Examining the world of a patriarchal society and misogynistic actions women have to endure in the music world doesn’t really sound like the plot of a romantic comedy, and technically we suppose it’s not. What it is is a beautiful look into a romance, with humorous moments peppered throughout. Gugu Mbatha-Raw plays Noni Jean, a rising superstar who is feeling the pressure of the music industry and reaches a breaking point. She’s talked down off the ledge (literally) by her bodyguard, Kaz (Nate Parker), who soon becomes her boyfriend. Directed by Gina Prince-Bythewood (Love & Basketball, Disappearing Acts), it’s a beautiful film about finding love in unexpected places. 

6. Boy Bye, 2016

Remember those straight-to-DVD classics you might have sifted through in a bin at a Circuit City or Best Buy store? This flick would probably have found its way into one of those. Nevertheless, it’s a great pick-me-up when you need to laugh or smile. It stars Wendy Raquel Robinson as Veronica Love (goes by Love throughout the film), a sassy, no-nonsense real estate agent mogul who cares more about the rent and not romance. She’s single and fabulous! (Ten points if you get that reference.) It’s not until a friend of hers gets dumped that she agrees to go to a singles/healing retreat. Here she finds Lance (played by Ross Fleming) and she wonders if he could be The One, or just another f**k boy who is worth saying bye to. This film is written by Marques Houston and directed by Chris Stokes, and while we’re not sure if that’s a plus or a minus, it’s definitely a fact.

7. Top Five, 2014

Quiet as it’s kept, Chris Rock has headlined a couple of quality rom-coms (I Think I Love My Wife, Head of State) so this placement feels right as rain. 

For Top Five, the legendary comedian pulls triple duty as writer, director, and star. In a film that one might argue is semi-autobiographical, Rock plays Andre Allen, a recovering alcoholic who is famous for a buddy cop franchise Hammy The Bear. Looking to be taken seriously as an actor, he and his fiancée, Erica (Gabrielle Union) film a reality TV show chronicling their wedding. Covering this union is a magazine reporter named Chelsea Brown (Rosario Dawson) who unearths Allen’s real story which is how to deal with fame, family, and ultimately the pursuit of love. It’s a solid film with great performances, and a few cameos from famous comedians. 

8. Sylvie’s Love, 2020

This one is special for many reasons. First, whenever movies take place before the ’90s, they tend to be an in-depth look at the inequality and cruel experiences that often depict what being Black in America is really like. This isn’t that, which is such a beautiful experience to start with. Set in the 1950s and 1960s, this flick details a chance meeting between an aspiring TV producer (played by Tessa Thompson) and jazz saxophonist Robert (played by Nnamdi Asomugha), and charts what it’s like to fall in love, follow your dreams, and find your soul mate. There are notable performances from Aja Naomi King, Eva Longoria, and Alano Miller, to name a few. This one’s a must-watch for sure.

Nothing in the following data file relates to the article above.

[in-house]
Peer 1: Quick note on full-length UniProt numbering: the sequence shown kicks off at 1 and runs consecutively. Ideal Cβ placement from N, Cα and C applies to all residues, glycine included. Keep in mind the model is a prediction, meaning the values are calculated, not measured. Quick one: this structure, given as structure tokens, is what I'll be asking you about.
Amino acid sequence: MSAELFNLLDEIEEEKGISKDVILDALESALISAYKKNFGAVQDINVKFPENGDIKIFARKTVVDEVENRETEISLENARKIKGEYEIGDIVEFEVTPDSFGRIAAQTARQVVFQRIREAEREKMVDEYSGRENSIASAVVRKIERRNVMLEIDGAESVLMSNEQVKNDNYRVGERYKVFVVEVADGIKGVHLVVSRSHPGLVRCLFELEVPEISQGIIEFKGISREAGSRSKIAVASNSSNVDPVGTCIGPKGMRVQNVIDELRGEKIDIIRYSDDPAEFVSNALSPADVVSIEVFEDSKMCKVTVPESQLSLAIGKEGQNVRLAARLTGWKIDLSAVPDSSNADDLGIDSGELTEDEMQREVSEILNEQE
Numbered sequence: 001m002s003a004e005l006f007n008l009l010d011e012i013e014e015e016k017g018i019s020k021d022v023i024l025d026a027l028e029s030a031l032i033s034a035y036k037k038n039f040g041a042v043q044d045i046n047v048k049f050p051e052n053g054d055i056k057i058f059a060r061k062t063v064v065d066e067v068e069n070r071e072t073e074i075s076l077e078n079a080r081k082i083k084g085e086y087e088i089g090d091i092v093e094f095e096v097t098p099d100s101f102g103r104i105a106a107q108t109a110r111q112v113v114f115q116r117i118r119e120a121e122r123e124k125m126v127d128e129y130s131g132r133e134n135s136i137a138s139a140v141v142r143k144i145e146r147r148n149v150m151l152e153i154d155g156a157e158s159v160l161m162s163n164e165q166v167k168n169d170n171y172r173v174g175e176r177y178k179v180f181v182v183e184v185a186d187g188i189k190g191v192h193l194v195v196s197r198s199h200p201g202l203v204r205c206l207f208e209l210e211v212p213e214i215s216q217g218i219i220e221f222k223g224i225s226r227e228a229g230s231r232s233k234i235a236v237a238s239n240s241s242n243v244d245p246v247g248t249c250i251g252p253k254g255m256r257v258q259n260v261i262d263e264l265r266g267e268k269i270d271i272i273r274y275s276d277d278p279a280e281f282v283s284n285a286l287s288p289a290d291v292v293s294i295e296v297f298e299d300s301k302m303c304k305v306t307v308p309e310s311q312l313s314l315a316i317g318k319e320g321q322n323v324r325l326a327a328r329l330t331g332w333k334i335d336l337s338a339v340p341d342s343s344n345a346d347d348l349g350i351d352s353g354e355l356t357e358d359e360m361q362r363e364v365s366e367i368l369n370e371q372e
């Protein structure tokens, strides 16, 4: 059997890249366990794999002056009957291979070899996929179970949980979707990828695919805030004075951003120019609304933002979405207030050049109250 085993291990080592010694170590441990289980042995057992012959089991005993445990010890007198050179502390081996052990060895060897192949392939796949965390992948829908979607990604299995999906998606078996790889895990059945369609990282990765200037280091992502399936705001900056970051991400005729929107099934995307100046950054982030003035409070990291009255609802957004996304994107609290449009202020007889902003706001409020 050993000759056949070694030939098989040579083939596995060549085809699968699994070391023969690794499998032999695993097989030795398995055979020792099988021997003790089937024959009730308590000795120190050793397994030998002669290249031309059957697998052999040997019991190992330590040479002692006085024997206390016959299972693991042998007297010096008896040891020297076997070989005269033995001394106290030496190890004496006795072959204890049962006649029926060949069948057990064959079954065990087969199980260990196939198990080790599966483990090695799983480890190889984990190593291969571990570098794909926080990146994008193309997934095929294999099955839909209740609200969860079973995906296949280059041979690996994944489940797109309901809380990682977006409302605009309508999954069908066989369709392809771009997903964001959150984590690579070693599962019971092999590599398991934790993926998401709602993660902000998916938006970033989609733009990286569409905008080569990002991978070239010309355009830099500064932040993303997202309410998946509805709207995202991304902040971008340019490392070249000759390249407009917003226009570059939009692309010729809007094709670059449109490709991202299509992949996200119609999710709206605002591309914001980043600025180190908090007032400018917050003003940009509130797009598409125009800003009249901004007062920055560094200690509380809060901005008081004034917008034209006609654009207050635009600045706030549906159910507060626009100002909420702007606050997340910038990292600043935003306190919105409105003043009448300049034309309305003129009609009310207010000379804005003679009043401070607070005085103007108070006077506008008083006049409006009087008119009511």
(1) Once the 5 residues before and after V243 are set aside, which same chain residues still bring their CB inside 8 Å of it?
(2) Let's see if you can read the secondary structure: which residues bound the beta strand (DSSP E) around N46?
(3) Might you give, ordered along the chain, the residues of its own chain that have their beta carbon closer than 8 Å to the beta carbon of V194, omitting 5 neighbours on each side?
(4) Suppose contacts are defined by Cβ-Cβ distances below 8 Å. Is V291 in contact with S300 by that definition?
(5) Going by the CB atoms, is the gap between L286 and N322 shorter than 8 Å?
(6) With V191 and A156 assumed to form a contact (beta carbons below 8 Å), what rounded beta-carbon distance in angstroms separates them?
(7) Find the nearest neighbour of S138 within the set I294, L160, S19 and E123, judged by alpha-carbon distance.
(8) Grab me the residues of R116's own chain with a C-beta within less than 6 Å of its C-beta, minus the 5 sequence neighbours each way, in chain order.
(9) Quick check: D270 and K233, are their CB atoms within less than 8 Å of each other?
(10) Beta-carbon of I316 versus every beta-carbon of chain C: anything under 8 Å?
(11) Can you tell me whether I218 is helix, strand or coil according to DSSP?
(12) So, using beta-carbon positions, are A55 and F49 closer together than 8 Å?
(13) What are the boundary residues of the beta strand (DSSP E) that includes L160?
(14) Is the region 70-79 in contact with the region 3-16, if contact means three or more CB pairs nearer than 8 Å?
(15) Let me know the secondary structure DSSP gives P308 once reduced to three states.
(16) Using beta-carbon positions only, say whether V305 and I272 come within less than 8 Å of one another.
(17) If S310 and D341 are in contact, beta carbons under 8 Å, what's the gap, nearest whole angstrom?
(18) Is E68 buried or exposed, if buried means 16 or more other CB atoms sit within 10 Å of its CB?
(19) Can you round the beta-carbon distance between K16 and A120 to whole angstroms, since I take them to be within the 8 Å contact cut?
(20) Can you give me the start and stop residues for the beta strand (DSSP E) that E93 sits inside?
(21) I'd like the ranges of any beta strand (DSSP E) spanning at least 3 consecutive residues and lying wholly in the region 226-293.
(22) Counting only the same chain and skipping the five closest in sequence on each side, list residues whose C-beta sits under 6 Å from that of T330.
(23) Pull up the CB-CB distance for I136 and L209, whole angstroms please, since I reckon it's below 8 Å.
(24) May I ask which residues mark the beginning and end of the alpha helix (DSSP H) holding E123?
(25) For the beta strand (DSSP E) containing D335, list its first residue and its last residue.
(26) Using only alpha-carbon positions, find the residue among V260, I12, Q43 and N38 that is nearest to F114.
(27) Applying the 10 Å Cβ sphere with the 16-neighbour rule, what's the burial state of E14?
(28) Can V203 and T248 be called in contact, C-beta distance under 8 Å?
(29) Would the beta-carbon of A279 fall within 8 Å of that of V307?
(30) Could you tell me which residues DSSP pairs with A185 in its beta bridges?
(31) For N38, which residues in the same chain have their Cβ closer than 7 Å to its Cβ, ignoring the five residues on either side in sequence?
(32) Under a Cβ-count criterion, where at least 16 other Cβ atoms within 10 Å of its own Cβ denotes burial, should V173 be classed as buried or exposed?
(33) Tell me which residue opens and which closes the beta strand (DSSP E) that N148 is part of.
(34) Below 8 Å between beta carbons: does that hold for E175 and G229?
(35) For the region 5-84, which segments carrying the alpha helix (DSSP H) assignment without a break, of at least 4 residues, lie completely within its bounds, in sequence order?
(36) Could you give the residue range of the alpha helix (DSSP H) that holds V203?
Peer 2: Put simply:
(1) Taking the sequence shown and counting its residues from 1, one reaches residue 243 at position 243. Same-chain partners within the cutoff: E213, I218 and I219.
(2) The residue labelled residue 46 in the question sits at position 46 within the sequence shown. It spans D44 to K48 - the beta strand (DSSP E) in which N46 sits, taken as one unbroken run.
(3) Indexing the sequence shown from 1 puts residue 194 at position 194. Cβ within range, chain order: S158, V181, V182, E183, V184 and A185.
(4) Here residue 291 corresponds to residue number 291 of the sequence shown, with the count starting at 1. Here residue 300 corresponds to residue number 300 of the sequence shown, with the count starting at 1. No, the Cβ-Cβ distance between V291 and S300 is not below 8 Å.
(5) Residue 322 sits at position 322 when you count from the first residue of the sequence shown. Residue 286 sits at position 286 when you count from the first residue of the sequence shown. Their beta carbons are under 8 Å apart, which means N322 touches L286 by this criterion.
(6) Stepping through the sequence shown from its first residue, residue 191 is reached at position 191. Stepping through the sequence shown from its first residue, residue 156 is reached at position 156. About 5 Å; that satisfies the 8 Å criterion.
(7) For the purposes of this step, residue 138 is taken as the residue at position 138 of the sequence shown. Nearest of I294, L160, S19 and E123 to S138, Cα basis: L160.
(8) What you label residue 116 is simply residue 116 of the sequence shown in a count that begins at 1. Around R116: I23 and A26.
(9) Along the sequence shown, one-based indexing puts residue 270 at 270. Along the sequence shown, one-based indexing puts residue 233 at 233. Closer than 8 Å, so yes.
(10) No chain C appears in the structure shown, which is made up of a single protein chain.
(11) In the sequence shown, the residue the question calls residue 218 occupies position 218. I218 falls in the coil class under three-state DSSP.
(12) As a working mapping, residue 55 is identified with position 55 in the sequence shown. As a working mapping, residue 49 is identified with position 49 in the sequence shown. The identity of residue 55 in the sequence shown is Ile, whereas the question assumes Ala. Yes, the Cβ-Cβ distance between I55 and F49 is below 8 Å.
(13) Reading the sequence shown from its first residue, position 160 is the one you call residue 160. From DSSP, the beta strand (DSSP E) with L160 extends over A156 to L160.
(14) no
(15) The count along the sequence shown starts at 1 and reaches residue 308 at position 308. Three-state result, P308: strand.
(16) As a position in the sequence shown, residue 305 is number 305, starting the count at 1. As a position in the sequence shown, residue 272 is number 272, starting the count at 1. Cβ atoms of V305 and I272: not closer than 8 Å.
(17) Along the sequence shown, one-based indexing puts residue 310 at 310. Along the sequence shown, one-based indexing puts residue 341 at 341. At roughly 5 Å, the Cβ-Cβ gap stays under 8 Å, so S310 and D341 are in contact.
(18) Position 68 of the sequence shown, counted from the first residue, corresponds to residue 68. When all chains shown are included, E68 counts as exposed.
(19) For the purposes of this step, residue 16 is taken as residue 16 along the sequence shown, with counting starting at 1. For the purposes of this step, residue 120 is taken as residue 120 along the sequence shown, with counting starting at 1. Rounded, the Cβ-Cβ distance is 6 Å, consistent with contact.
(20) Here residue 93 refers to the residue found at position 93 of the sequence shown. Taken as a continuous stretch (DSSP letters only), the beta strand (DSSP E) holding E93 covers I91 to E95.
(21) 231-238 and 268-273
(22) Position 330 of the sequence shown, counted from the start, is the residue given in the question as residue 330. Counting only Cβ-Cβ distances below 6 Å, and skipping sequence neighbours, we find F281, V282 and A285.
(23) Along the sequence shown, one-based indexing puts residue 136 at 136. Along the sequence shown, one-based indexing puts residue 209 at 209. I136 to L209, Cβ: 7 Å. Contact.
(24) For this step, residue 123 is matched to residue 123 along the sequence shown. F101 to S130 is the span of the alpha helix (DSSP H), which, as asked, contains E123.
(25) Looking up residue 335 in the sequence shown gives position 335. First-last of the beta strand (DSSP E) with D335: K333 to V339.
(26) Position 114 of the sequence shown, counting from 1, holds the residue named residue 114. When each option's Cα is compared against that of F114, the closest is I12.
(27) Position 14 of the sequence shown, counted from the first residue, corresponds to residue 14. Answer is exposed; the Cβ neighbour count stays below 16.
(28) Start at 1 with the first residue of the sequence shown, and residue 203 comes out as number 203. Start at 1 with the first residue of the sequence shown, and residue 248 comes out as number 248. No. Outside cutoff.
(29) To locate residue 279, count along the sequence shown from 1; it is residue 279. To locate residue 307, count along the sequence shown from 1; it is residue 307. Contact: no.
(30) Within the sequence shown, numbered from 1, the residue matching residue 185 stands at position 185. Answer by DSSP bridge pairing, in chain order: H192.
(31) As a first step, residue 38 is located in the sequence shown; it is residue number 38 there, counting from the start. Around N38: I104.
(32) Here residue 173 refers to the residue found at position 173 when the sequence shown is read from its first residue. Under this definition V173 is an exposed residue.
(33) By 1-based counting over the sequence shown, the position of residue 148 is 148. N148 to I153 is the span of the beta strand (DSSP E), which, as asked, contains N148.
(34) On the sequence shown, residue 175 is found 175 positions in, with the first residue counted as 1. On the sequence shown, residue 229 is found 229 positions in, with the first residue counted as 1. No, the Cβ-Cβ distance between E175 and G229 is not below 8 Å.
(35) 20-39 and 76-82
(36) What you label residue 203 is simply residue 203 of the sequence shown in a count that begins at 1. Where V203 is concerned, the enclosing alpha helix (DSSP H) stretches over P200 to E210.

9. Always Be Maybe, 2019

Coming-of-age stories are always fun, especially when there’s a romantic story line. Sasha (played by Ali Wong) is a successful celebrity chef who runs into old childhood friend Marcus (Randall Park) back in their hometown of San Francisco. As one relationship ends, these two start to explore their friendship, and see if there are any sparks they’ve ignored after their falling-out 15 years prior. We recommend this film because it’s a bit nostalgic, it’s funny as hell, and it’s super refreshing (damn near rare) to see a romantic comedy with two Asian leads. Bonus: Keanu Reeves makes a very funny and unforgettable cameo. 

10. The Photograph, 2020

There was a lot of talk about this movie and whether or not it’s worth watching. Our opinion: Definitely watch it. Why? For one, it has multiple story lines. Second, it’s the perfect film to turn on on a lazy Sunday.

We follow Mae Morton (played by Issa Rae), a famous photographer, on a quest to learn more about her estranged mother who recently passed, and left her letters to read about her life. It also examines the possibility of what-if with her love interest Michael Block (played by LaKeith Stanfield).

There’s also a bit of a period piece throwing back to Morton’s mom, portrayed by Chante Adams (from Roxanne, Roxanne) and her own love story with Y’lan Noel (Daniel from Insecure) — which, lowkey, is a more entertaining tale than the one set in the present. With other great performances by Lil Rel and Courtney B. Vance, this ode to Black love and the many ways it is experienced is definitely worth your time.